Crystal's Reviews > Beauty Queens

Beauty Queens by Libba Bray
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's review
Sep 06, 12

bookshelves: young-adult, audio-version
Read from June 28 to September 03, 2012

Oh, gosh, what to say about this book? Part of me wants to call it brilliant, and another part thinks it's a hot mess. The most accurate description I can think of is that reading this book is like reading a movie, one of those snarky movie satires where everything is mocked. and seriously, everything is mocked in this book. No part of our overcommercialized and sexualized, racist, sexist, militarized, reality TV culture of celebrity isn't savaged. Even preachy liberal feminists are mocked. They all get it. Sometimes it's funny and brilliant, and other times you feel like the author might as well just write her message on a mallet and beat you over the head with it--it's that subtle. OK, OK, OK, I get it. You're pro feminism. Pro gay rights. Pro trans-gender rights. Anti-giant corporations and war profiteering. I've got it already. Please stop hitting me! I thought you were against violence! geez. Some of the story twists weren't so subtle either (ahem--Petra, looking at you.), or were just plain silly (mind berries? really?).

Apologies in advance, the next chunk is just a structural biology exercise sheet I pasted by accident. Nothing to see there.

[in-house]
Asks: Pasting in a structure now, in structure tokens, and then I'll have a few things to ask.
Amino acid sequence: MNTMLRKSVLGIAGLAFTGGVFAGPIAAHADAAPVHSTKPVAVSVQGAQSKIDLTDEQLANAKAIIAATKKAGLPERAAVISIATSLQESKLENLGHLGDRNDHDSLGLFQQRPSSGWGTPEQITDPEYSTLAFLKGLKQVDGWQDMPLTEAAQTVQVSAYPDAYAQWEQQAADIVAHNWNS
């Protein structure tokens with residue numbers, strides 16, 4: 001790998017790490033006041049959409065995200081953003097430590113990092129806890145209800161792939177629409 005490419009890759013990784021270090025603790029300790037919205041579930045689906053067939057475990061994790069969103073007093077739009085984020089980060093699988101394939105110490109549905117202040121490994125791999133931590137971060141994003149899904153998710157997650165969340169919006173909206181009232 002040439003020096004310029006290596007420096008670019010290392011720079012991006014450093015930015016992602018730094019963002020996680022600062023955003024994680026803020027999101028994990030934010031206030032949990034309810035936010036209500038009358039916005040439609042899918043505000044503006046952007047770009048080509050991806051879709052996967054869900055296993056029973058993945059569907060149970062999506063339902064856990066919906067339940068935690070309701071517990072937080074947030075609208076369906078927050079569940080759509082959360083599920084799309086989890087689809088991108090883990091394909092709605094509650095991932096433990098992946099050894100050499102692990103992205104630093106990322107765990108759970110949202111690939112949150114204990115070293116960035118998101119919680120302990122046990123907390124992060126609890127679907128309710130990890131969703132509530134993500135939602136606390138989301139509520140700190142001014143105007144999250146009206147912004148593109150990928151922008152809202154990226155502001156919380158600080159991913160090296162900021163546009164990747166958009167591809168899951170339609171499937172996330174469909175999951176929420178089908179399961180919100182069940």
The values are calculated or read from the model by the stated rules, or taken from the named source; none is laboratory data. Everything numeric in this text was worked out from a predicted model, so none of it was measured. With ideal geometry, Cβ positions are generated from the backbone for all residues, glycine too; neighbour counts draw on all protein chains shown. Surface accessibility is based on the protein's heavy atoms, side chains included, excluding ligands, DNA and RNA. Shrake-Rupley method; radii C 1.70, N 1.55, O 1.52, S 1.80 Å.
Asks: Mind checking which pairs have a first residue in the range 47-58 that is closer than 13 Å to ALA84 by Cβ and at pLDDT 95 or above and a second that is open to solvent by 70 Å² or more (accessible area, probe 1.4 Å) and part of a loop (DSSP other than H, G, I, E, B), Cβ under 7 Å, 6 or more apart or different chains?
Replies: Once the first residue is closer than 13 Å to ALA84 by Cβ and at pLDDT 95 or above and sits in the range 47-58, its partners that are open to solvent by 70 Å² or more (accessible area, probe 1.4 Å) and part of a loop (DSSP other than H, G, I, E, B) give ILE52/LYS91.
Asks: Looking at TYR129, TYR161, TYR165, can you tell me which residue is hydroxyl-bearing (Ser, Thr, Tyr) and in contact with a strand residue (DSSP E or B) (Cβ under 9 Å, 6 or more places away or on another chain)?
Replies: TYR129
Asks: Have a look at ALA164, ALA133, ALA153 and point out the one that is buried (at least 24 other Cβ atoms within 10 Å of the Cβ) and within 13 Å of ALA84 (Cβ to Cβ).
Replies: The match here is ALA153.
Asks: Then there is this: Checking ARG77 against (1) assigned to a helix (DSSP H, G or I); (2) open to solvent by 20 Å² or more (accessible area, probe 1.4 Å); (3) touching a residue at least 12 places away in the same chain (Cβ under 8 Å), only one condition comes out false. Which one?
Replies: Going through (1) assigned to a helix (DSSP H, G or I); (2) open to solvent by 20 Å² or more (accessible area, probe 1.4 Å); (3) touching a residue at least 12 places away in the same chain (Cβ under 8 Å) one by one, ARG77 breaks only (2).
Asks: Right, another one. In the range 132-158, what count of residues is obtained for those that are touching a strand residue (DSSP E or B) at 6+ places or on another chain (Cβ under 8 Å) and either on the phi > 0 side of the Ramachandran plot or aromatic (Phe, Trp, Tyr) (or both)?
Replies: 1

Each character fulfilled a certain stereotype checklist, with the requisite twist and/or dark secret, so it was hard to really connect to or root for any of them. I felt bad for Taylor's character--I thought she deserved a better story than how she was written, one more like the other girls. Adina was obnoxious, and a lot of the other characters were annoying too. I DID like Tiara, though. She made me laugh out loud a lot, and was really quite sweet, and a quick learner. I think she grew most, out of all the characters, in useful ways.
I do think this book would be better as a movie. it's a very visual story, with lots of clever asides, diverse and relatively interesting characters, etc. And as a movie satire, the over-the-top silliness of some parts (wild girls? pirates? high schoolers who are competetent medics and engineers? seriously?) and the oversimplification of some characters maybe wouldn't seem so jarring.
If it can't be a movie, though, I do recommend the audio book format. Read by the author herself, quite well, with an astonishingly diverse array of accents, it was a great way to immerse myself fully in the story as the author imagined it. In all its quirky glory.

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